Not surprisingly, given such a terrain of refractions and reversals, in Cyrano's Journey to the Moon, we find the figure of Diogenes referenced. An emphasis upon presentation of the historical event rather than the representation of history itself, reflected in the extolment of the hermit, similarly finds accord with the actions of the Cynics of the ancient world, who often sought to performatively invert or reverse the accepted orders, values and hierarchies of the world around them. The Cynics preferred action over theoretical reflection and an ascetic life of truth and virtue over the acquisition of wealth and power. In a fabled encounter between Diogenes and Alexander the Great, wherein, having been asked by his royal visitor if there is anything he wants, Diogenes requests that the young and brilliant military adventurer 'stands a little out of my sun' or 'stands away from the light'. Diogenes cuttingly contrasts the 'radiance' accorded to Alexander by the sycophants and politicians surrounding him to the actual radiance of the sun, and implies that Alexander 'the Great' is not only blind to that which really matters – the warmth and light of the true sun – but that his great presence, and the pomp which attends upon it, keeps the small commoners in shadow or darkness.
Yet if such a figure as Diogenes the Cynic can wander unimpeded through the landscapes of Cyrano the Materialist, a decade or so earlier we also find him in a painting by the NeoStoic painter Nicolas Poussin. There need not necessarily be an inconsistency here, insofar as Diogenes's rejection of pomp and his extolment of humility would appeal equally to each, to their respective interpretive ends: however, Diogenes, as a destabilizing figure, is left isolated in the pastoral landscapes of Poussin – whereas in Cyrano his legacy is made, by allusion, to speak to the throng in which the hero finds himself.
As Anthony Blunt (1958) remarks in his catalogue raisonné of Poussin, the artist went 'beyond the humanist conception of nature as something which can be controlled by man and made to act in accordance with his rationalist conception of the universe' (1958: 313). Poussin, Blunt argues, was an artist engaged with philosophy and the intellectual debates of his time, and, as such, his late landscapes became landscapes of ideas (1958: 4). It is in this context that Poussin's influential paintings, replete with juxtaposition and the perception of landscapes in which such are situated, repay close inspection in the context of my discussion here. Again, in contrast to Cyrano's giants, who live as a community, Poussin's giants are for the most part alone, or separated from the group: we see this in his 1648 painting, Landscape with Polyphemus, where the lone giant Cyclops sits atop a distant Mount Etna, with his back to us, wistfully playing his pipes in memory of his lost love.
The trope of the distant giant is one seen in many paintings. J. M. W. Turner uses it both with humanoid giants – for example his own painting of Polyphemus Derided by Ulysses (1829), and in his portrayal of a gigantic crocodilian dragon in The Goddess of Discord Choosing the Apple of Contention in the Garden of the Hesperides (1806). As with both Turner's and Poussin's portrayals of Polyphemus, the dragon here is shown basking on a distant mountain ridge, away from those it is charged by the gods with protecting. The dragon's relatively faint colours effectively render it aloof from any immediate discussion around choice of the goddess. Nevertheless, it remains present as figure of wider contexts: both underlying and overarching. In Robert Zemeckis's 1997 film Contact, based on both an original screenplay and intervening novel by Carl Sagan, the huge interstellar transportation device constructed on Earth at alien behest is first glimpsed from afar as a similarly faint pastel toned but ominous structure on a coastline, seemingly aloof from the controversies and politicking swirling around it, but nevertheless, now integral to the world, much like Turner's giant dragon.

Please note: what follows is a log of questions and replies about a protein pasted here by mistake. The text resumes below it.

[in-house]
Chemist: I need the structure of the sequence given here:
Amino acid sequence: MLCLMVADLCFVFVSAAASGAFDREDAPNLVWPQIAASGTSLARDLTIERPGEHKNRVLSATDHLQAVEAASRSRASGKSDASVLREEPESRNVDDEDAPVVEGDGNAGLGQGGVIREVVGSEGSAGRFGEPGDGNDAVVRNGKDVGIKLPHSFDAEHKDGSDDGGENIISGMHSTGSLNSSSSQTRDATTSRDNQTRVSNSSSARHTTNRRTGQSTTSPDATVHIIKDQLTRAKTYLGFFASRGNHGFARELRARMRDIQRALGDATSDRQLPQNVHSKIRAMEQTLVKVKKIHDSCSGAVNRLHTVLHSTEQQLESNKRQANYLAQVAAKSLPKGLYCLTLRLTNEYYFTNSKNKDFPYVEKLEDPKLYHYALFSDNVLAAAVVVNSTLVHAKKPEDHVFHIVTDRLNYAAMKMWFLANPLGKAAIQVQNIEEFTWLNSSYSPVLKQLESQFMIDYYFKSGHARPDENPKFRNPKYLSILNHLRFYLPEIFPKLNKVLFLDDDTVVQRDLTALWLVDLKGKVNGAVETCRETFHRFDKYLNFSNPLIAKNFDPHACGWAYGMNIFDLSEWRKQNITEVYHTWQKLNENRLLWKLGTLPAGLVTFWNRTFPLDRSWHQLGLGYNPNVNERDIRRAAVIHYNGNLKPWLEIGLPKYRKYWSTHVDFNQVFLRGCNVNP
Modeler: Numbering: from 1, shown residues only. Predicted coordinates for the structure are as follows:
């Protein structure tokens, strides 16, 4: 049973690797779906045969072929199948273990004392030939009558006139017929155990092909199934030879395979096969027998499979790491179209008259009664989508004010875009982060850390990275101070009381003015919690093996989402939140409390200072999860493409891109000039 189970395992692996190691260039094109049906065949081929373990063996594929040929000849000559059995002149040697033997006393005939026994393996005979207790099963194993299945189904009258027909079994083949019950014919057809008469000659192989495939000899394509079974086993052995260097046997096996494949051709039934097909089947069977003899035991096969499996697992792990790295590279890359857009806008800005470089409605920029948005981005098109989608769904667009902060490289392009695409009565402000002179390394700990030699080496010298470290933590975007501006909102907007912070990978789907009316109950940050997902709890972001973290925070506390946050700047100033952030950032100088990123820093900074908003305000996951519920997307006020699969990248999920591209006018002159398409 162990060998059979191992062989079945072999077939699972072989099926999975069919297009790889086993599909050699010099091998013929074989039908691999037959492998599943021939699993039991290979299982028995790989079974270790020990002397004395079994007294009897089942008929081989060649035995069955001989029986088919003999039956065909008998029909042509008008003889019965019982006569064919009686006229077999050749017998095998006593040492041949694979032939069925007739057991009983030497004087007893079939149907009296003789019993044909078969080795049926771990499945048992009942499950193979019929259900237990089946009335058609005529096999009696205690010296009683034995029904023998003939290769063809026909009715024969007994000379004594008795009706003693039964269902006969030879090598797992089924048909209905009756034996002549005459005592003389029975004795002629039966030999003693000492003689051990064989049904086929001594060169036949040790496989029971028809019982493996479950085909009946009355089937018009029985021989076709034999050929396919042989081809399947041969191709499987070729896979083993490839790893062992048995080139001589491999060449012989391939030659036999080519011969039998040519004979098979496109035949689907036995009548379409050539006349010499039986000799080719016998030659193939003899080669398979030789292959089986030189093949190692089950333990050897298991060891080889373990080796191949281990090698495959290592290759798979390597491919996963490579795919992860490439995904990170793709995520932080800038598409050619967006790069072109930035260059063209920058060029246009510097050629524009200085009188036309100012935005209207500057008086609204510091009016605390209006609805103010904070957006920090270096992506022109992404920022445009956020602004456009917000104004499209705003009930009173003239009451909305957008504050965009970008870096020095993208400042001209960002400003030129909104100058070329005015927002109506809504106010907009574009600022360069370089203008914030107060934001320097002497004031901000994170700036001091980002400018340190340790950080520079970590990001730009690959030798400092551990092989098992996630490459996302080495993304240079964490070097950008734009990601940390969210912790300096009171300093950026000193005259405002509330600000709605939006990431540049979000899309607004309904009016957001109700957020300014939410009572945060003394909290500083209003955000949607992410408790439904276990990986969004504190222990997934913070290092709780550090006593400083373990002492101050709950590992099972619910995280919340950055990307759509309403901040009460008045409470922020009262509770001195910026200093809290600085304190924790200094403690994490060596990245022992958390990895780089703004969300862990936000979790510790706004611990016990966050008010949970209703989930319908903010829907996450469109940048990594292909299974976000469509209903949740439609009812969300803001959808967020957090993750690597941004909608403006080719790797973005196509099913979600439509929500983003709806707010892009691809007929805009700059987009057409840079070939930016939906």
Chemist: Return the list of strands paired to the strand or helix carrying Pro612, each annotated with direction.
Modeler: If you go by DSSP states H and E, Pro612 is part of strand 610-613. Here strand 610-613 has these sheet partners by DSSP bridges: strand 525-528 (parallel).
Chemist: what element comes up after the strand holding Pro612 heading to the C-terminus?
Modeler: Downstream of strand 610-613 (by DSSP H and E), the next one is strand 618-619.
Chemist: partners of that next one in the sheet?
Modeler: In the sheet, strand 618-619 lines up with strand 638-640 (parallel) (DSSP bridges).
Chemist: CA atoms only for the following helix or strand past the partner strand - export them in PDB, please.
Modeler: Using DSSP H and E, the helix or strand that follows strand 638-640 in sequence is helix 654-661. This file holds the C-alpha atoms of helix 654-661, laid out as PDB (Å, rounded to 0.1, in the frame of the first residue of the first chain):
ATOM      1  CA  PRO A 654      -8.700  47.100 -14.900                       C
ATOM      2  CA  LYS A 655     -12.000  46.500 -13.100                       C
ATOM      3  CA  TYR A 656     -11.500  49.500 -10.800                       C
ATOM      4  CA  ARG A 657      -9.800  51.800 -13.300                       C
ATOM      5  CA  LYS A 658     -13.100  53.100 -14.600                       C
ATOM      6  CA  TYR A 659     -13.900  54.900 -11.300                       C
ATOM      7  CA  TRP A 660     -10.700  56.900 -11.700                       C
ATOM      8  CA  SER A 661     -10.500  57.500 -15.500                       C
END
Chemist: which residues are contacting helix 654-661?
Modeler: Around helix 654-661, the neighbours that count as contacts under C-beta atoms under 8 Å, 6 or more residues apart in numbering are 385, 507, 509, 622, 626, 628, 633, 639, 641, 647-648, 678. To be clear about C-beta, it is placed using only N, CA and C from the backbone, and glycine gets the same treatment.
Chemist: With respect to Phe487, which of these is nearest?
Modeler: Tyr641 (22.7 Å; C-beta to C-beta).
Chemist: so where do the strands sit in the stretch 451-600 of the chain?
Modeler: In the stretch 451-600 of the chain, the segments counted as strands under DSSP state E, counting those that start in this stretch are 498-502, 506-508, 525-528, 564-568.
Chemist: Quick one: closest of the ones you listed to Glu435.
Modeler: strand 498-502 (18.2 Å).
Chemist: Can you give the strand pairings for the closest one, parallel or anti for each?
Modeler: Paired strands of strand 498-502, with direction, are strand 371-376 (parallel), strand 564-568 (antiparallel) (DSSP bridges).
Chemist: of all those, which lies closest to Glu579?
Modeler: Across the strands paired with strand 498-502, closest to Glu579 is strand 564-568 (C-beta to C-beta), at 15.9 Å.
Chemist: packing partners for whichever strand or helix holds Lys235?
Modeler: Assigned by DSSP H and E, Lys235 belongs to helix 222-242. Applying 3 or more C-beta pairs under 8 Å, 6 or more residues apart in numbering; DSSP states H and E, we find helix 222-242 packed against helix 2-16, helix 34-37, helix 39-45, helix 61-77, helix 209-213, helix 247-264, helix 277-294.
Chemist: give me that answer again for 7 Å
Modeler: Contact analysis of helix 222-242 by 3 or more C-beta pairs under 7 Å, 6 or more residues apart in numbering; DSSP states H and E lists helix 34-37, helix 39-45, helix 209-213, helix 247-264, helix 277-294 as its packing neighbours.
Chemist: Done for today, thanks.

Although most often formally defined by its novel form, giantism in science fiction visually emerges as a montage of epic and tragic elements juxtaposed against tropes of scalar normativity. Before man, Apollodorus (1998) writes, the Gigantes – born of a wrathful Ge (Gaia) – rose against the Olympian gods, before being cast down into the abyss of Tartaros, where their continuous writhing causes earthquakes in the world above. In the Theogony of Apollodorus, as of Hesiod, the Cyclopes, the one eyed giants are sired, like the Gigantes, by Uranus, the first ruler of the universe (1998: 27–29). Rejected by their father, the Cyclopes – who Virgil, in Book IV of his Georgics, calls 'Blacksmith Giants', and compares to industrious bees – become the makers of thunderbolts, and subsequently arm Zeus (Jupiter), the grandson of Uranus, in his battle against his father Cronos (Saturn).
The sense in both the stories of the Cyclopes and the Gigantes is that of giants as primordial, as having 'gone before' – having been born of the Earth before Man, and having worked and made things all through the Golden Age, before the labours of humans commenced, at the dawn of the Age of Silver. The mystery of that which is gigantic is therefore located in time – in its original creation and the subsequent disappearance – as well as in space, where only the indexical trace such as a footprint, ruin or ichnograph remains.
Although variously located by different classical authors in the central region of the Peloponnese peninsula, to the fields around the volcano Etna in Sicily, the definitive landscape of the pastoral ideal remains Arcadia. This sense of Arcadia differs in the hands of different authors, but the recuperation of Classical Greek culture and its re-introduction into Western European intellectual discourse during the Renaissance, reinstituted the concept of Arcadia as an ideal land, simple and rough-hewn, an ur-landscape that, of the Golden Age now lost, was ruled by an older god, Pan, the only god who, in classical legend, is killed. This conception of Arcadia as the landscape of the idea, of an original thought of the creation, inscribes the land of giants as one that, ruled by a god now vanished, presages the world of men in its entirety: it has been through a cycle we may or may not yet follow ourselves.